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Human saliva may become as lethal as snake venom: Study

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Human saliva may become as lethal as snake venom: Study
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Several studies have found that oral wounds heal much faster than skin wounds and leave fewer scars because saliva has more healing properties. However, a game-changer revelation was made by Japanese scientists in a recent study that says human saliva may evolve to be as venomous as snakes.

Researchers from the Okinawa Institute of Science and Technology Graduate University (OIST) and the Australian National University in Japan discovered a link between venom glands in snakes and salivary glands in mammals by examining the genes of 3,000 snake fossils known for their venomousness. The study examined oral venom systems that likely originated from a gene regulatory network termed as "metavenom network," that helps to function in protein folding and modification.

Venom mechanism in animals is generally to defend itself or to kill or stupefy preys and, in some cases, even gastric liquids have certain properties of venoms. Observing the genetic basis of the evolution, the scientists say at some point humans may spit out poison like snakes but in the distant future. As evolution is accredited to several natural conditions, human evolution is expected to modify considerably, and that may develop harmful venom as a characteristic.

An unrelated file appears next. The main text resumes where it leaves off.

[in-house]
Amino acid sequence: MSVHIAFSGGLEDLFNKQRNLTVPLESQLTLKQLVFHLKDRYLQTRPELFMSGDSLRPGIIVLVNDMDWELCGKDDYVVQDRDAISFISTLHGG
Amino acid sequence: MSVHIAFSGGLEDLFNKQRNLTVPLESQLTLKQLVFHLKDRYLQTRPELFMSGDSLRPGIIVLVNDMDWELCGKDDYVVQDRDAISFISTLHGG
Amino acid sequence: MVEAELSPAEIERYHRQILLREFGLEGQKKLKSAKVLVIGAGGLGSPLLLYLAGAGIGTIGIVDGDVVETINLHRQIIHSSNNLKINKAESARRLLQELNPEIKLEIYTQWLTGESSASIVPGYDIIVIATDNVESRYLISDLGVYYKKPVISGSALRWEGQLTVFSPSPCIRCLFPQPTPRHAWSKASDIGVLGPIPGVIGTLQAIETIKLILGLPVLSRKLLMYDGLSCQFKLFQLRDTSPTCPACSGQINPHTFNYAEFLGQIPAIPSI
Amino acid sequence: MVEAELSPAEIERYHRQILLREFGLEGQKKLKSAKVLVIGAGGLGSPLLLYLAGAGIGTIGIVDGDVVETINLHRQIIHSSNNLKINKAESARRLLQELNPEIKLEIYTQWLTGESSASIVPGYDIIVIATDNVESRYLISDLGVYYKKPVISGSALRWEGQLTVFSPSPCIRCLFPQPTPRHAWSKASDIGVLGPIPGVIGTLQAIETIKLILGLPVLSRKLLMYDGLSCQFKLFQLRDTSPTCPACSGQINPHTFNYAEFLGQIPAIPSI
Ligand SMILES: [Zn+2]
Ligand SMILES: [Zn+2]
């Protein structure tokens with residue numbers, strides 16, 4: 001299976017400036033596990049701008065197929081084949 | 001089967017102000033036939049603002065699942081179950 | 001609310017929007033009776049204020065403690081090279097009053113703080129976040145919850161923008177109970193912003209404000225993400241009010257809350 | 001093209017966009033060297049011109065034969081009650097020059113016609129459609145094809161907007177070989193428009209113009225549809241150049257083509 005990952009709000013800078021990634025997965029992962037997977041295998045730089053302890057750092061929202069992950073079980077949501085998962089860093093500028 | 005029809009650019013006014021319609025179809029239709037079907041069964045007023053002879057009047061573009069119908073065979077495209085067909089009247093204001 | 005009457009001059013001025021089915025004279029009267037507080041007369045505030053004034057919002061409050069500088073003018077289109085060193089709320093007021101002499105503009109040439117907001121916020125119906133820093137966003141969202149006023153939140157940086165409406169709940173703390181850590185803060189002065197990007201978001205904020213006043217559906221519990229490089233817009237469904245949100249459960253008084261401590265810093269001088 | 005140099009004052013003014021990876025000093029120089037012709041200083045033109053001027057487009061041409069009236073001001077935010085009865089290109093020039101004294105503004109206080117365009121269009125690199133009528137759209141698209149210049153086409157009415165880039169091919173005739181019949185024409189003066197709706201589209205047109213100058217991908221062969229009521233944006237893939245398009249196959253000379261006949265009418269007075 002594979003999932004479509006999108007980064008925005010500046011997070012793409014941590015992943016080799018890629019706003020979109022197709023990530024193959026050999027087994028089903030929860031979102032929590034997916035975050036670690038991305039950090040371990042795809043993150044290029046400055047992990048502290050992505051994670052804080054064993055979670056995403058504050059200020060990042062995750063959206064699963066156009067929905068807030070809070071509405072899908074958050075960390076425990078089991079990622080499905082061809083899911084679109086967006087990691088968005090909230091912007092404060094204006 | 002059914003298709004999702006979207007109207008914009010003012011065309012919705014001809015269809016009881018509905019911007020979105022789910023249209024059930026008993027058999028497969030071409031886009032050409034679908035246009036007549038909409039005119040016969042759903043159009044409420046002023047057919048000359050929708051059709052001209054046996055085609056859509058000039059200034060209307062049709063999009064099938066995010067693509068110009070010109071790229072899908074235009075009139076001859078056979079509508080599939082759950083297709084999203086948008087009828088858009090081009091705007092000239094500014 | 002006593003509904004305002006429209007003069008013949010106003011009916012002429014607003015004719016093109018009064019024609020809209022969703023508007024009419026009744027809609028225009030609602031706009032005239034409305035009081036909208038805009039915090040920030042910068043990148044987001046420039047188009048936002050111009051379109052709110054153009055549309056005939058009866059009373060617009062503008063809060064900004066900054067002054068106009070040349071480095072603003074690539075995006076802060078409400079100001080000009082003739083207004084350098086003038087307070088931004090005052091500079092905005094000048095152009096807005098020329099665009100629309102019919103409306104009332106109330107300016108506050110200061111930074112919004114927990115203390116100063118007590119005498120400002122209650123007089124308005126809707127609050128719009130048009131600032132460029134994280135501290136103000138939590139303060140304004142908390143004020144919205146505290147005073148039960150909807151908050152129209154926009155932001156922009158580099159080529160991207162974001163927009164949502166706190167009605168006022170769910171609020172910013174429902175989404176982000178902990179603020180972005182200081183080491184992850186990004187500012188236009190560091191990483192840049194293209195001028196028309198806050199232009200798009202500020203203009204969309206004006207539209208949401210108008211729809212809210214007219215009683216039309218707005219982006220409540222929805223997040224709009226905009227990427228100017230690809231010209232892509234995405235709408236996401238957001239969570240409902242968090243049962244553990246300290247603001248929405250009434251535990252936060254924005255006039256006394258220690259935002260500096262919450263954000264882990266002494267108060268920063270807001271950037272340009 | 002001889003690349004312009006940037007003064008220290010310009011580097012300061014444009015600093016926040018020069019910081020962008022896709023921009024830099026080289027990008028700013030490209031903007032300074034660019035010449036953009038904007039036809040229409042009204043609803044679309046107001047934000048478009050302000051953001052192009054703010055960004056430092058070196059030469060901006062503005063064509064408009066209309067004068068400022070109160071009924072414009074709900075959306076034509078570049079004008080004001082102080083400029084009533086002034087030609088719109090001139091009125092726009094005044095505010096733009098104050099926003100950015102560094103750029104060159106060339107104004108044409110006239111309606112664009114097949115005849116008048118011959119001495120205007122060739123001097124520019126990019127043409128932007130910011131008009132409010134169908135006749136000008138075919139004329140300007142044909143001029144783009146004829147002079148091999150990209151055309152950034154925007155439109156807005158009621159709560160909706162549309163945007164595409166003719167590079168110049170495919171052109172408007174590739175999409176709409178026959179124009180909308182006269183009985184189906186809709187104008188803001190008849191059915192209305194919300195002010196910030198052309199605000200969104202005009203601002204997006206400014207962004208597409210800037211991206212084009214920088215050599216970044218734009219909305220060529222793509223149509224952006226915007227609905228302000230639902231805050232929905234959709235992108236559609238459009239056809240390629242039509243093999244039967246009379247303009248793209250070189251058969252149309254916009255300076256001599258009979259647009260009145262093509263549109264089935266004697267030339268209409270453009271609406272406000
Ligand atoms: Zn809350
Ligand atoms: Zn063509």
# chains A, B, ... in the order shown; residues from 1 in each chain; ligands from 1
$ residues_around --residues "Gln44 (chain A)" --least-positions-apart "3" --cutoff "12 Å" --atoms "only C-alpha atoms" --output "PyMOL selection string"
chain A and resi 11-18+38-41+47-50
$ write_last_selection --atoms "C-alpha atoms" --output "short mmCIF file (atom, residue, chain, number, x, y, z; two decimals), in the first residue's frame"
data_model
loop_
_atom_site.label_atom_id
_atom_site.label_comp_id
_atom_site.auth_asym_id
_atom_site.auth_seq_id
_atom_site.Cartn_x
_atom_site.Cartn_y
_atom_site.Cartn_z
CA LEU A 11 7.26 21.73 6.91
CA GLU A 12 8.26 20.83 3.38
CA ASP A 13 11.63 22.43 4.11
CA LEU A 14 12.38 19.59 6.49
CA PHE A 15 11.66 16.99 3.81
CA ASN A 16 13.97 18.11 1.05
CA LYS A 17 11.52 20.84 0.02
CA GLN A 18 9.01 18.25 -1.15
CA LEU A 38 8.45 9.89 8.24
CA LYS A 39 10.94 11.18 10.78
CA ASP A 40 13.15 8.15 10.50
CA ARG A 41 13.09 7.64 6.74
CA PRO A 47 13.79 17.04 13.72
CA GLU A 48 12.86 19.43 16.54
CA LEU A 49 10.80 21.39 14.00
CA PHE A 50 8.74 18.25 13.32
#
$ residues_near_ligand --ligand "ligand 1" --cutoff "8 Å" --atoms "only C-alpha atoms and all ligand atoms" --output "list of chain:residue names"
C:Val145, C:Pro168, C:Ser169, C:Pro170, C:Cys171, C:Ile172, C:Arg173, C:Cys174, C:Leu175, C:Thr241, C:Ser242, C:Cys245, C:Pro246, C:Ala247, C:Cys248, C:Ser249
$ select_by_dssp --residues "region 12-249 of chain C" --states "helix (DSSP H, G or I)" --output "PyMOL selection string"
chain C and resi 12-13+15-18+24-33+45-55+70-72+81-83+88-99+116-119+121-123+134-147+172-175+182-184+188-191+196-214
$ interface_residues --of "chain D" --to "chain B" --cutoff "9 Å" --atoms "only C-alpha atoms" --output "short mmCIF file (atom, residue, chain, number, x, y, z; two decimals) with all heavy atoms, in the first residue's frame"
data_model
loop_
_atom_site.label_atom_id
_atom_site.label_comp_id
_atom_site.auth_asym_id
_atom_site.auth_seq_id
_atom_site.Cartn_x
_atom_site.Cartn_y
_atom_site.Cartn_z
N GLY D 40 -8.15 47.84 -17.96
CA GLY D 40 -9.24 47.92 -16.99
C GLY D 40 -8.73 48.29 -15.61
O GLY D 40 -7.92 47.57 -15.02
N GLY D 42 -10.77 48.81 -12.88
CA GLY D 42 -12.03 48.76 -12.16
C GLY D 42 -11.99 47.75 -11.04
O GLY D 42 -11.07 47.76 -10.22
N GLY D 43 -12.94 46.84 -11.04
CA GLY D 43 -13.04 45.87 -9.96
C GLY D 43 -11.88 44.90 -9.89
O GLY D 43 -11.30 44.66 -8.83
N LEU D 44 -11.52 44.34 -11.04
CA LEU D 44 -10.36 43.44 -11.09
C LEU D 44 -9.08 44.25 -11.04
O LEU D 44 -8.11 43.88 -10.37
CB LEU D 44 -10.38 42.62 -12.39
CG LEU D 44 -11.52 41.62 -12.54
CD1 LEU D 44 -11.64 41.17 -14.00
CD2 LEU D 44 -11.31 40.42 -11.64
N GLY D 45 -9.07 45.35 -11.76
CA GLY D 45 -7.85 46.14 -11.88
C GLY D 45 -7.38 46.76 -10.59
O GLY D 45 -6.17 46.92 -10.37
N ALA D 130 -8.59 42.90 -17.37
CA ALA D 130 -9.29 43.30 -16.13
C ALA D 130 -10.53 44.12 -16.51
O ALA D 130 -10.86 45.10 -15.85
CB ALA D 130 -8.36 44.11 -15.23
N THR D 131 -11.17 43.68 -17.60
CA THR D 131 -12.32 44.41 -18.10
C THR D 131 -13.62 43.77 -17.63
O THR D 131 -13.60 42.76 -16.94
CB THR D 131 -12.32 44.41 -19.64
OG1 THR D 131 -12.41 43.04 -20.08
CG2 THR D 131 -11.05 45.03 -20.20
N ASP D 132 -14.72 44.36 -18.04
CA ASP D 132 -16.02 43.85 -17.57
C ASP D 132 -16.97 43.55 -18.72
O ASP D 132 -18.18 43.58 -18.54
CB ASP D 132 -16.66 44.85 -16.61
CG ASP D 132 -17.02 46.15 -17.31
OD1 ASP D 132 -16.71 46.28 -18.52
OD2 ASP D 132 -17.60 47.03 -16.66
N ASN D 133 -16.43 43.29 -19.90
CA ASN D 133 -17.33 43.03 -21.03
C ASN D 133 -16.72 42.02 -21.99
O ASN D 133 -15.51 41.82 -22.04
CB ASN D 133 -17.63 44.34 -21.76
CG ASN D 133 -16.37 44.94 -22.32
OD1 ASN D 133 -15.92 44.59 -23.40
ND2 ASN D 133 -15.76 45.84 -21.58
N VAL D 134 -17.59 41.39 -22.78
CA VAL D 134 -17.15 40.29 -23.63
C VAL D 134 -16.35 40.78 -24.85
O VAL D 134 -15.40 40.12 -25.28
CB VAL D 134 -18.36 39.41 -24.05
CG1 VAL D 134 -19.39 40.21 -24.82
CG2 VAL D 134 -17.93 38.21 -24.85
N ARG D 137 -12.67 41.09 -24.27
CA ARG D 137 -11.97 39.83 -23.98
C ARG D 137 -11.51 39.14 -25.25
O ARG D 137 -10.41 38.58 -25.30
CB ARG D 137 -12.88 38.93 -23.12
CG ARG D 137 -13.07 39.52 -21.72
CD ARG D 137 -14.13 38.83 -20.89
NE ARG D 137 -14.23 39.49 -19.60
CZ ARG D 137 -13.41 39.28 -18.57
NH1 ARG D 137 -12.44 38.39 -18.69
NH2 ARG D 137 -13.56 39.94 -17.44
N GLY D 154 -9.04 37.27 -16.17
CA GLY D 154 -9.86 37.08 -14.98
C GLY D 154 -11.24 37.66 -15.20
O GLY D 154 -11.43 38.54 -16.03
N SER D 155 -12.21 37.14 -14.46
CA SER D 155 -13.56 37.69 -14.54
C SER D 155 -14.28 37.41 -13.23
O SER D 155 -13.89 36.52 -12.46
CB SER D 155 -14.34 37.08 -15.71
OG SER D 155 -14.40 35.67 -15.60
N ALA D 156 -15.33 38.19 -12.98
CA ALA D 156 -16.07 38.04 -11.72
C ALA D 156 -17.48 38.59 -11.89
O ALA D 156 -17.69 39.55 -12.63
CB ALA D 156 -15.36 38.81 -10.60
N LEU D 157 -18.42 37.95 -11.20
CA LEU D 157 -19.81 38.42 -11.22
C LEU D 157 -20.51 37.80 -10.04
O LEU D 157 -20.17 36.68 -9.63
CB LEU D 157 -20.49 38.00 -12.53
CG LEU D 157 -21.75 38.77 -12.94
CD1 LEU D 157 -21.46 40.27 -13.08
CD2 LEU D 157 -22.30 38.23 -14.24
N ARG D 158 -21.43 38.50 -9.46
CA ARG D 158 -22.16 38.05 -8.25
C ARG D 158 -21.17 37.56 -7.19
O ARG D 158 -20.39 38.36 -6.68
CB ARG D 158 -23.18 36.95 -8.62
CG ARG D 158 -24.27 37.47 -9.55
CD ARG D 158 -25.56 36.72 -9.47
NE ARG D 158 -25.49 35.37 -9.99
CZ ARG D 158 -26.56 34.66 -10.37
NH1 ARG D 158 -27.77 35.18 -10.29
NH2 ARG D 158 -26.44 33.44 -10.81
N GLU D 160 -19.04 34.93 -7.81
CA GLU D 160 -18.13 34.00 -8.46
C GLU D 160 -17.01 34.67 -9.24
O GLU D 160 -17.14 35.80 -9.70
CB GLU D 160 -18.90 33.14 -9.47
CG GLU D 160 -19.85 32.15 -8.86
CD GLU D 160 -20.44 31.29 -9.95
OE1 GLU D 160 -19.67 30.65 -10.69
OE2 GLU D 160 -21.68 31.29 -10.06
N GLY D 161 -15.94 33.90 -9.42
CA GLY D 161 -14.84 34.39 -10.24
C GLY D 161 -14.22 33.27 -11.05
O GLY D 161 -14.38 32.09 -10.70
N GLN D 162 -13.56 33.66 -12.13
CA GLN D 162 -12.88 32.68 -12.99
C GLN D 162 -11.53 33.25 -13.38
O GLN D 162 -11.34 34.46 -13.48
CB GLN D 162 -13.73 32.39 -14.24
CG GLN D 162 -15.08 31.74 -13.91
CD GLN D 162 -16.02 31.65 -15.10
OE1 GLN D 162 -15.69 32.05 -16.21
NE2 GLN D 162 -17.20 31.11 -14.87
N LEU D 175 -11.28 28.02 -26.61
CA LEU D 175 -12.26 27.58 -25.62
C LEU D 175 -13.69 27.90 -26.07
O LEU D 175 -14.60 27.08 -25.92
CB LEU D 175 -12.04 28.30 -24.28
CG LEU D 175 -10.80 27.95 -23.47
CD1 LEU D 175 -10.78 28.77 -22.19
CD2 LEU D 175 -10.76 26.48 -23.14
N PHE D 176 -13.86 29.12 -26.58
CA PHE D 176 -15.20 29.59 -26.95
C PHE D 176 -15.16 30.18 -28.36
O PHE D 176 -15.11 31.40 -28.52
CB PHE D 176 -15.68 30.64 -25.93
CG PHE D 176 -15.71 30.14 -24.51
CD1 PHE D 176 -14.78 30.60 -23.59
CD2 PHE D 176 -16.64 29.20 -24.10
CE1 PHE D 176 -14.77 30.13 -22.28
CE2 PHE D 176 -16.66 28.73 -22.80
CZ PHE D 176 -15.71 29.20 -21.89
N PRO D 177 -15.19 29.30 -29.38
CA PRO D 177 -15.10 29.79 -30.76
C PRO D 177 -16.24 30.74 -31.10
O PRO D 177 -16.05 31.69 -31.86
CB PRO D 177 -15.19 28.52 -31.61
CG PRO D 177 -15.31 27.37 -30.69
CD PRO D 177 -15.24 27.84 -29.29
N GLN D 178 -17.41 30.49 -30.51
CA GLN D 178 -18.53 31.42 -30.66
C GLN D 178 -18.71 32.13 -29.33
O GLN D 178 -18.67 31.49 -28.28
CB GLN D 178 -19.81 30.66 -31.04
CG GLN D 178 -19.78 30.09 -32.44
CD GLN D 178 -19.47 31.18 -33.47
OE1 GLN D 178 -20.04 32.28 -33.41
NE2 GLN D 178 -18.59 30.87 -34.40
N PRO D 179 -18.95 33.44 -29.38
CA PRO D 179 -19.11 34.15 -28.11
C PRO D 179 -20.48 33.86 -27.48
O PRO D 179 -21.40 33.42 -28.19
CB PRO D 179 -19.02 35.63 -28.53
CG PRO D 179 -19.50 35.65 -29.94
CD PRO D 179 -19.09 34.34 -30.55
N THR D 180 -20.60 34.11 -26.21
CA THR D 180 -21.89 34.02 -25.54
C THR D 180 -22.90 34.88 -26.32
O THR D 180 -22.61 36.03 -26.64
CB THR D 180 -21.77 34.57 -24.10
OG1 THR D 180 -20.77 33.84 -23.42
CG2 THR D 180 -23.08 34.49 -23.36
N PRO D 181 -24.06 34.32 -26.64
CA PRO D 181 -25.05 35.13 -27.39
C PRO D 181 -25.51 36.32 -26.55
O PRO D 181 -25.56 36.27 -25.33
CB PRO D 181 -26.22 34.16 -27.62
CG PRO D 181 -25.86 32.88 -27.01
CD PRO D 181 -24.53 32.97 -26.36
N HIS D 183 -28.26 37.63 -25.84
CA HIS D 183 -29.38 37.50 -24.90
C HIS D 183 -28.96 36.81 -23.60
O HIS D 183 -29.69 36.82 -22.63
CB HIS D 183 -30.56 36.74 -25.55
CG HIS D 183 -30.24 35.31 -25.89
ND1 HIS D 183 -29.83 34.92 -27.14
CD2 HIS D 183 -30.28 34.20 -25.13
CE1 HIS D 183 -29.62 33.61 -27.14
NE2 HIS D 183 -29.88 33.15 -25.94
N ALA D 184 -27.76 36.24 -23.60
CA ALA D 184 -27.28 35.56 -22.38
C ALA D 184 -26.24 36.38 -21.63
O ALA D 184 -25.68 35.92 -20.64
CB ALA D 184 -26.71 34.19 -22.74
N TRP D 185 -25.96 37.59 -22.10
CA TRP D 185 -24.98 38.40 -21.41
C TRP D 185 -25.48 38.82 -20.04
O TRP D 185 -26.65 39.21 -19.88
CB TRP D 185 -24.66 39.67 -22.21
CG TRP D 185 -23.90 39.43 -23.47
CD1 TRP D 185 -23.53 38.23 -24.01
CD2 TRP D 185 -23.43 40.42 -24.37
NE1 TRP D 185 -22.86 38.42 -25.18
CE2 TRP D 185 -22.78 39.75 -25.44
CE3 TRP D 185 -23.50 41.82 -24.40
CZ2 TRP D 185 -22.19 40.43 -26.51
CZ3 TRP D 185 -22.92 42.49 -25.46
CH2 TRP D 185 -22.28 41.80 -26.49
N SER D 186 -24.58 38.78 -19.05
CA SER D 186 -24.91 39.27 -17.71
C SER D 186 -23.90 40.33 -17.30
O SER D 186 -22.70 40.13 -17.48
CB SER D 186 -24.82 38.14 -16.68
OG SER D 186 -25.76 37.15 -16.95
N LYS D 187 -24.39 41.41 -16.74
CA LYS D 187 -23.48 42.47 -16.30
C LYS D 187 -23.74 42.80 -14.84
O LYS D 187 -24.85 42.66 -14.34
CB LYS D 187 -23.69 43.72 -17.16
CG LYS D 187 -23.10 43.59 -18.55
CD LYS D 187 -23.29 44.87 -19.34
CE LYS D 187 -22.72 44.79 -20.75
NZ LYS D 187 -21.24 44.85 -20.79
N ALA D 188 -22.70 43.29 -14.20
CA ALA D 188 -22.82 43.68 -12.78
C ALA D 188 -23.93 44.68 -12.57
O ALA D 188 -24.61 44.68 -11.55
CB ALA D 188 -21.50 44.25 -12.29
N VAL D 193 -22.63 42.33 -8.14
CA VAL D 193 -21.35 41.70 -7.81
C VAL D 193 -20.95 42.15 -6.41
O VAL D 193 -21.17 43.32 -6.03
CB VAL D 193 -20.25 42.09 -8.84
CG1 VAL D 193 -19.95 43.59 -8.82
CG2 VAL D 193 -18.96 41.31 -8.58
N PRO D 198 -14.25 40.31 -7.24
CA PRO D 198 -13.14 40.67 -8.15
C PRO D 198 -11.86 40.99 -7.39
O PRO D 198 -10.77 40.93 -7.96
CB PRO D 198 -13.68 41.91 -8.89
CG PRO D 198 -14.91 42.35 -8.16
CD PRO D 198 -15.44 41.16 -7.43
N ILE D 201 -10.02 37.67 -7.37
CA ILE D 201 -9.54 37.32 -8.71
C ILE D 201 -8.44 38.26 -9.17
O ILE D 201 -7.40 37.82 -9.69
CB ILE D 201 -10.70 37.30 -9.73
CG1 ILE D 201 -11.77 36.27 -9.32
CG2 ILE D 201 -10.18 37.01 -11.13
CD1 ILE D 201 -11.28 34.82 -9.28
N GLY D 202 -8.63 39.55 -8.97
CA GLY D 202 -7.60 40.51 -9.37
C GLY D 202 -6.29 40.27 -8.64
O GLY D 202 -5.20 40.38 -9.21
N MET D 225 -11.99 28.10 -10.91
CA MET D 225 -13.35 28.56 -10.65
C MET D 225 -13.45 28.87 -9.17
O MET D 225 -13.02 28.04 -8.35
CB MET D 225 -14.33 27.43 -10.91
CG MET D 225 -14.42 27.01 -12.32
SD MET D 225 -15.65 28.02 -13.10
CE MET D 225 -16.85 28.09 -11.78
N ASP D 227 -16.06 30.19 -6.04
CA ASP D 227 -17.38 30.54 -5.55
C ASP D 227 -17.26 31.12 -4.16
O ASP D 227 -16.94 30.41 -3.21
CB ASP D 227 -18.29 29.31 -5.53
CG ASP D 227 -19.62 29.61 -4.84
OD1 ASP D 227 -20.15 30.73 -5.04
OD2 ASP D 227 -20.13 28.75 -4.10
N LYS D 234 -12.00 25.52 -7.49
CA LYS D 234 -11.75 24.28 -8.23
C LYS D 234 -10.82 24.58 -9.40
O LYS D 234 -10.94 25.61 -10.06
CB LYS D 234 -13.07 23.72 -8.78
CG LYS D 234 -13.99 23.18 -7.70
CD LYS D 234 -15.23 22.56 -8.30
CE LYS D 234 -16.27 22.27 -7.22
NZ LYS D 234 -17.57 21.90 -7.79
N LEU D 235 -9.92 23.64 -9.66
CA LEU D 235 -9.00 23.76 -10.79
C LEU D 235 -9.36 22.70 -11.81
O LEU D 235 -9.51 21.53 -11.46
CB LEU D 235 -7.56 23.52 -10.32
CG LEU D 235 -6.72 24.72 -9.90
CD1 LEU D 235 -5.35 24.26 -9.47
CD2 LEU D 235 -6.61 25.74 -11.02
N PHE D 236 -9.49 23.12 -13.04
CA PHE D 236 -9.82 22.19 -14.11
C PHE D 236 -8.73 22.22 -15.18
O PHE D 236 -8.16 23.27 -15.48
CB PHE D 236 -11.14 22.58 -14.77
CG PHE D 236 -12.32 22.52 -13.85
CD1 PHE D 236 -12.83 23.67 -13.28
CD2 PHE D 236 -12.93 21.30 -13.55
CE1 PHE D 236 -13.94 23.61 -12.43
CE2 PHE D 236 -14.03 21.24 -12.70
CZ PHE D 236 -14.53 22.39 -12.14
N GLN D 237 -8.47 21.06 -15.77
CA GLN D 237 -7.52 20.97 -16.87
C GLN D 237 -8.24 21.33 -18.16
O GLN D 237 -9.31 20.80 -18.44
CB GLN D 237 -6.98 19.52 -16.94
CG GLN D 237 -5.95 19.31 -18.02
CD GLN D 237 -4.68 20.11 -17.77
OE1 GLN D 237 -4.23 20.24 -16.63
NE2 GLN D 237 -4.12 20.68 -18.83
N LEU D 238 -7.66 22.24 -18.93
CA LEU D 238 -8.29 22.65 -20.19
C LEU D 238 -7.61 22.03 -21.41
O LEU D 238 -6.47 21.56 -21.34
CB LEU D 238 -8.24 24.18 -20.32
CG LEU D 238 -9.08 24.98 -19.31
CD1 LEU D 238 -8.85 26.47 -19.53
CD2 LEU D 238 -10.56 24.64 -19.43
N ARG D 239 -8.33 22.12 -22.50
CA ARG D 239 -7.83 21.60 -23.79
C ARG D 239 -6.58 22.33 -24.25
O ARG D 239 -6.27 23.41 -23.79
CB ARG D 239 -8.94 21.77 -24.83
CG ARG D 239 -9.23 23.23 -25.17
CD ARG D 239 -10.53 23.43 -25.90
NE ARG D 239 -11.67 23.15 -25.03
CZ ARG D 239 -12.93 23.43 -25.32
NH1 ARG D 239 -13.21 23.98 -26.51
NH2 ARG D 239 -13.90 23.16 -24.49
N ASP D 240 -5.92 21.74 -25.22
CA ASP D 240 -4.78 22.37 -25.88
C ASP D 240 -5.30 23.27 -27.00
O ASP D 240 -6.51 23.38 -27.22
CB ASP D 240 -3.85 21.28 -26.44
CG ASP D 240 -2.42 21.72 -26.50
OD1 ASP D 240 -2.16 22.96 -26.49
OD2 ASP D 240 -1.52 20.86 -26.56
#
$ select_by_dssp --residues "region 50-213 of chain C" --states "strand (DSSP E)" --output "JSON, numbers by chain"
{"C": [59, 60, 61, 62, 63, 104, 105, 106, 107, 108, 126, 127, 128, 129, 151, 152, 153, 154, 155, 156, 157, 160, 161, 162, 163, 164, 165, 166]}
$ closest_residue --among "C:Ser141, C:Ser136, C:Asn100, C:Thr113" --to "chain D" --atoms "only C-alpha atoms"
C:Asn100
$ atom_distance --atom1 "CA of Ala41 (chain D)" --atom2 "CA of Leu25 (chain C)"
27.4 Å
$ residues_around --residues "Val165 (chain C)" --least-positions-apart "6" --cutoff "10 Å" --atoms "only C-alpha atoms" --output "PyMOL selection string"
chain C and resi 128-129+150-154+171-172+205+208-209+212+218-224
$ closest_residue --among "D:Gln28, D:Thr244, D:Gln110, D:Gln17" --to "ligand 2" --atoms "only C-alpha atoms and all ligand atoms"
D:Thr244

"We needed to look at the genes that were present before venom's origin, genes which enabled the rise of venom systems," said first author, Agneesh Barua, to Live Science. "Many scientists intuitively believed this is true, but this is the first real solid evidence for the theory that venom glands evolved from early salivary glands."

"If a cobra's brain were to start expressing the genes that its venom glands expressed, the snake would immediately die of self-toxicity. The importance of this paper goes beyond just this field of study because it provides a starting platform for all of those kinds of interesting questions," said Bryan Fry, a biochemist and venom expert at The University of Queensland in Australia, to Live Science.

The findings have been published in the journal Proceedings of the National Academy of Sciences.

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TAGS:Saliva Evolution 
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